In October 2012, a US Border Patrol agent fired through the 20 foot steel fence separating Nogales, Arizona from Nogales, Mexico and killed an unarmed 16-year-old Mexican boy with 10 bullets through his body. This was not an isolated incident by a rogue agent, but just the latest in a string of cross-border shootings that raise serious questions about oversight and accountability of the Border Patrol. In the last three years, Border Patrol agents have killed 6 Mexican citizens on their native soil, firing through the border to threaten and injure even more. One man was shot while picnicking with his family on the banks of the Rio Grande. Another 15 year-old-boy was hit between the eyes with a bullet for allegedly throwing rocks. None of these cases has led to any known disciplinary action or criminal charges against the border police, and US courts have rejected claims made by victims’ families, asserting that Mexican citizens do not have the same constitutional protections as US citizens, effectively giving the agents carte blanche to act with impunity. In this episode, Fault Lines travels to the border town of Nogales – presently the nexus for this increasingly lawless law enforcement – to meet the Mexican families who have lost their young sons at the hands of US agents who many accuse of being immune from the law.
Premieres this Sunday, September 8, 2013 at 7:00 and 10p EST on Al Jazeera America. Episode will premier on Al Jazeera English in the coming week. Episode produced by Singeli Agnew with Wab Kinew as Correspondent.
Syria: 100,000 dead with no end in sight
U.N. Secretary-General Ban Ki-moon marked a grim landmark in the ongoing Syrian civil war today. As attempts to get peace talks between the embattled regime of President Bashar Assad and the leaders of rebel forces continue to go nowhere, the death toll has hit 100,000.
The situation in Syria remains grim, as the two sides continue to battle through the country’s cities, the humanitarian crisis grows as more and more refugees pour out of the country and an external solution continues to appear to be unlikely.
Photos: Shaam News Network, Karam Jamal / AFP/Getty, SANA, Abdullah al-Yassin, Manu Brabo / Associated Press
Over the past decade, the US military has shifted the way it fights its wars, deploying more unmanned systems in the battlefield than ever before.
Today there are more than 7,000 drones and 12,000 ground robots in use by all branches of the military.
These systems mean less American deaths and also less political risk for the US when it takes acts of lethal force — often outside of official war zones.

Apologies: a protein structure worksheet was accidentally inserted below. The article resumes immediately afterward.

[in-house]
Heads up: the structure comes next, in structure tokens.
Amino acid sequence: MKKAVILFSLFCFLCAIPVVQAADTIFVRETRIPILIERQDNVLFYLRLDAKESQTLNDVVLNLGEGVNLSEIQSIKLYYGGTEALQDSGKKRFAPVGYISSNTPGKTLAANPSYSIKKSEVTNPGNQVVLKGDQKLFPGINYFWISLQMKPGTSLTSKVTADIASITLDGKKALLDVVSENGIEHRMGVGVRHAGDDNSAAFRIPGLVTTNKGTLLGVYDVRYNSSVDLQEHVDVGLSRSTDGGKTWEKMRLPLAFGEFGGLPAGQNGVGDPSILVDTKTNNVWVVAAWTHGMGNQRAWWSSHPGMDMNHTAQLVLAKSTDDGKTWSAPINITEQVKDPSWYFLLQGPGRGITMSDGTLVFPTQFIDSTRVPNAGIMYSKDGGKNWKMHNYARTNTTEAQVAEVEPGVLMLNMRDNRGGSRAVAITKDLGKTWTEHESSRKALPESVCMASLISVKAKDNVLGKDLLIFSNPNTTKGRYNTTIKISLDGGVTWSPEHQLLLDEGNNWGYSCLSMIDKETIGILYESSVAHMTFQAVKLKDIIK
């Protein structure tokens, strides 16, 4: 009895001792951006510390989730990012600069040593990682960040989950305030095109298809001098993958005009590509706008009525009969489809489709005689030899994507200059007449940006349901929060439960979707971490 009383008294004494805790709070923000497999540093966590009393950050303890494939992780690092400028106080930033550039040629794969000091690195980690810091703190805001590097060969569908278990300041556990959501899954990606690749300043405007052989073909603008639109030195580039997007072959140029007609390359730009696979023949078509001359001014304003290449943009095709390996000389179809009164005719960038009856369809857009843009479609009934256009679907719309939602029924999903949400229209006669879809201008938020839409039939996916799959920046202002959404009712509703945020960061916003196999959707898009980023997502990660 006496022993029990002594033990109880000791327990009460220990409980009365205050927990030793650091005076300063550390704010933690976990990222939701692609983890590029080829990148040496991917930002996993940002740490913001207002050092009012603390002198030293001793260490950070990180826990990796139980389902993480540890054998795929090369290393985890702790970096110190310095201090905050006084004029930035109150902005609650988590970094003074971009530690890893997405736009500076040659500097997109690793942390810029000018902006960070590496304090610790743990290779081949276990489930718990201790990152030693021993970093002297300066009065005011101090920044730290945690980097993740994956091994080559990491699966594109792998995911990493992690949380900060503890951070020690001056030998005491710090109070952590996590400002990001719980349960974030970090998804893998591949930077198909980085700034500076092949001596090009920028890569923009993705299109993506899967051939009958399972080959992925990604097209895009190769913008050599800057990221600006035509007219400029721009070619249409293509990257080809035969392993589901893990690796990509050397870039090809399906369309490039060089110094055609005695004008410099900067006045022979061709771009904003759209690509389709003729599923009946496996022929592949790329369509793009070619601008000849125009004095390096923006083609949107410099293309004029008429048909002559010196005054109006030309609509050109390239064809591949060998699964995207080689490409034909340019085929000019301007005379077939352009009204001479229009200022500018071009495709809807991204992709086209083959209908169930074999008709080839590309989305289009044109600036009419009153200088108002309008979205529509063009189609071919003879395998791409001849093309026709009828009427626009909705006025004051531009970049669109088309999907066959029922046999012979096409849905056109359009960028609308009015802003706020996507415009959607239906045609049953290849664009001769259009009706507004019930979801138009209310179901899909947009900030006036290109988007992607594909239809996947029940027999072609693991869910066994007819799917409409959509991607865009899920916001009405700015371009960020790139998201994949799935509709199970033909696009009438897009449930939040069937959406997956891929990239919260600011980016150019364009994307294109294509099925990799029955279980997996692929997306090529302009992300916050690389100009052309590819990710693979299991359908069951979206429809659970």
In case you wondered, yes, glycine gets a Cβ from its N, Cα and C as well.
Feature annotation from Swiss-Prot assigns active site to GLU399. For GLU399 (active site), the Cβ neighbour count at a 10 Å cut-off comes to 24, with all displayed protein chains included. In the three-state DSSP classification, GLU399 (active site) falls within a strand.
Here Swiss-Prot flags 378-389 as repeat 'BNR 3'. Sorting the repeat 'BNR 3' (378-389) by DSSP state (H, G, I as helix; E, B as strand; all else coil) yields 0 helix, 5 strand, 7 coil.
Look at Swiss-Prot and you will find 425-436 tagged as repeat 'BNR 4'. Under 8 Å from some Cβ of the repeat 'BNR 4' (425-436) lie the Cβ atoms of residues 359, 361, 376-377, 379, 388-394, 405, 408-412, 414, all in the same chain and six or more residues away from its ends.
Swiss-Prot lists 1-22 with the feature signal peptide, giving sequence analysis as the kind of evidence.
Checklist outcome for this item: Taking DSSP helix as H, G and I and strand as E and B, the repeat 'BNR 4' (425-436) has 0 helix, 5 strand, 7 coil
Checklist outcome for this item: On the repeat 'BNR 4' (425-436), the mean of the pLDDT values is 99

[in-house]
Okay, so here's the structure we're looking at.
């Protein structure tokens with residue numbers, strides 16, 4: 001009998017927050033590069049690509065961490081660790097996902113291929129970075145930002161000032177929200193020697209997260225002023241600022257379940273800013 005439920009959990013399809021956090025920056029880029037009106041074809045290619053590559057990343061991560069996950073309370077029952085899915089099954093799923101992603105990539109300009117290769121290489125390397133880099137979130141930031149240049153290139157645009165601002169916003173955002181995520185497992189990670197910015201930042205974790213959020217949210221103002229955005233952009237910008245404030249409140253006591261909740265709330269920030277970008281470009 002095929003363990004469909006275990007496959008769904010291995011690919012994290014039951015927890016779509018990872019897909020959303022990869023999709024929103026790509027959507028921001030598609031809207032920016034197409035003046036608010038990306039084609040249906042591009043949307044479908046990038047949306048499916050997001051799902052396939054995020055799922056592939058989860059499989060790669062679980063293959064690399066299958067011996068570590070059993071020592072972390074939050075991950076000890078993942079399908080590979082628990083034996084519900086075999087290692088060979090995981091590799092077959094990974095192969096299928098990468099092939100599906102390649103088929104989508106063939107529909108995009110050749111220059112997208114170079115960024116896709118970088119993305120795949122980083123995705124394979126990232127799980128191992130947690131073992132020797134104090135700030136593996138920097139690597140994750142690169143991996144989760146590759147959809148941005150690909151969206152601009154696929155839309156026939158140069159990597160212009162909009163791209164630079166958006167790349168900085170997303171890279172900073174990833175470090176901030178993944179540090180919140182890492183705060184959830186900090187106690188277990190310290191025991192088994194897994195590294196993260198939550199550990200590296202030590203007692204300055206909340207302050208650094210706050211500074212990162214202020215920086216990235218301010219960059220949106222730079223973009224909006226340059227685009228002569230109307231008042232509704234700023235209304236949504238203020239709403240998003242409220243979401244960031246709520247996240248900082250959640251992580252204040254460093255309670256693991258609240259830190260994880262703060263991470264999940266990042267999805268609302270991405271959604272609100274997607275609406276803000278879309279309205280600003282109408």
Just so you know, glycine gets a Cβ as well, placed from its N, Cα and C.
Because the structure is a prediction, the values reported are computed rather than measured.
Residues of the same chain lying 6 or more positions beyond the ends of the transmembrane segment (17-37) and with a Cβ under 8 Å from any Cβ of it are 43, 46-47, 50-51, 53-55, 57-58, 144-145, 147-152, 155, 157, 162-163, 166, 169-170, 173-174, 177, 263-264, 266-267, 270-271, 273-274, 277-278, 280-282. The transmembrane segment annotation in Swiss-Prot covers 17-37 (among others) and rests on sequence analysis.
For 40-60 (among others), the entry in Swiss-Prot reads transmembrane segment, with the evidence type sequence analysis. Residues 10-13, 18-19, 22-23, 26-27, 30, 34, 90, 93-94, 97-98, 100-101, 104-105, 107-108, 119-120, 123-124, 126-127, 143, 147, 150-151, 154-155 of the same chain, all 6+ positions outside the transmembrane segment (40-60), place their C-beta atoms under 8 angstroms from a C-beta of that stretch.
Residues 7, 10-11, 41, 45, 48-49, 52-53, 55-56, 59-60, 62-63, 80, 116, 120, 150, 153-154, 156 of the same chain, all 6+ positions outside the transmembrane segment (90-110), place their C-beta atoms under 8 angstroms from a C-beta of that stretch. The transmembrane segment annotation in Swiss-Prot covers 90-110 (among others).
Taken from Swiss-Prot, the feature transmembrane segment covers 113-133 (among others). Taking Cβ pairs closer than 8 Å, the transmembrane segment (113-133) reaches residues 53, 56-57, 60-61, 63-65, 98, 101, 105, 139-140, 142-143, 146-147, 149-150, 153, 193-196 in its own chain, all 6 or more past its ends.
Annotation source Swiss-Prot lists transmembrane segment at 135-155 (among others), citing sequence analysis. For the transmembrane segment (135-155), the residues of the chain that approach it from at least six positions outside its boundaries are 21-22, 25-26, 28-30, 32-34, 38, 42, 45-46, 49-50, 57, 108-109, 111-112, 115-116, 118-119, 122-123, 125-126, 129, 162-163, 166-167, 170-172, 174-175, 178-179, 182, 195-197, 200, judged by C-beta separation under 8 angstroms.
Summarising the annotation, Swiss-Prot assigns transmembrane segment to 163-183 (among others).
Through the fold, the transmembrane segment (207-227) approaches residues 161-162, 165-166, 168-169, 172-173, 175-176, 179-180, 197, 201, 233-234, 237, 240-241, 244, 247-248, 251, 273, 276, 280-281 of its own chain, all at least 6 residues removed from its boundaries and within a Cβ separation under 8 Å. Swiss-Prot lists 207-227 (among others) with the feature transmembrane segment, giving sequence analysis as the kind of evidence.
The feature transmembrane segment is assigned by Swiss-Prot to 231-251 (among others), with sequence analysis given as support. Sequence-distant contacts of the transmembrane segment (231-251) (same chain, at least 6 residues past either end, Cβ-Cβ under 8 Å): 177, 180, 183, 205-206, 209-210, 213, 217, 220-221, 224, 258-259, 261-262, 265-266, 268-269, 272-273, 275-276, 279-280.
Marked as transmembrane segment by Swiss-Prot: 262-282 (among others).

But US lethal drone strikes in countries like Pakistan have brought up serious questions about the legal and political implications of using these systems.
Fault Lines looks at how these new weapons of choice are allowing the US to stretch the international laws of war and what it could mean when more and more autonomy is developed for these lethal machines.
Despite the frequency with which journalists are slain in Mexico, it is highly unusual for their families to be targeted. Lopez Velasco was killed with his wife, Agustina Solana, 53, and 21-year-old son, Misael, a student, state government officials and the newspaper said. Another of Lopez’s sons,…
Guerrero-2 on Flickr.
Tuba player at a graveside memorial in Guerrero.
Behind the scenes shots from an upcoming episode of Fault Lines on Al Jazeera English.
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Note: We’re ReTumbling this piece from Feb 2011 as background context for our upcoming episode.
MEXICO CITY (AP) - Mexican police on Friday discovered the bodies of three people related to a human rights activist who was killed last year in the volatile northern border state of Chihuahua.
The bodies of a sister and brother of Josefina Reyes and her sister-in-law were found in a remote area outside Guadalupe Distrito Bravos, southeast of Ciudad Juarez, said Carlos Gonzalez, spokesman for the state prosecutor’s office.
The three had been missing since Feb. 7, when witnesses reported that armed men forced the trio from a car.
Gonzalez said the bodies of Maria Magdalena Reyes Salazar, Elias Reyes Salazar and his wife, Luisa Ornelas, were found with messages alluding to organized crime. He did not immediately release further information.
Reyes was slain a year ago in Ciudad Juarez. She had led protests against alleged abuses by Mexican soldiers in the Juarez Valley, which sits across from El Paso, Texas.
Her death has been followed by attacks on her family and supporters.
In August, her brother Ruben was killed by unknown assailants. Earlier this month, the home of Reyes’ mother, Sara Salazar, was set on fire while she was protesting to demand that authorities solve the killings and disappearances of her children.
Relatives recently expanded their protest to Mexico City, where until Friday they had maintained a tent in front of the Senate to demand official action.
“The Reyes Salazar family, since the death of Josefina in 2010, has been the victim of a brutal harassment, partly by the state and partly by criminality,” a spokesman for the family, Adrian Fuentes, told MVS Radio. “The demand for justice will not stop.”
The Reyes family’s case has led organizations such as Amnesty International to urge Mexico to protect the safety of human rights activists.
Ciudad Juarez has been the scene of bloody drug cartel turf battles that have killed more than 6,000 people the past two years.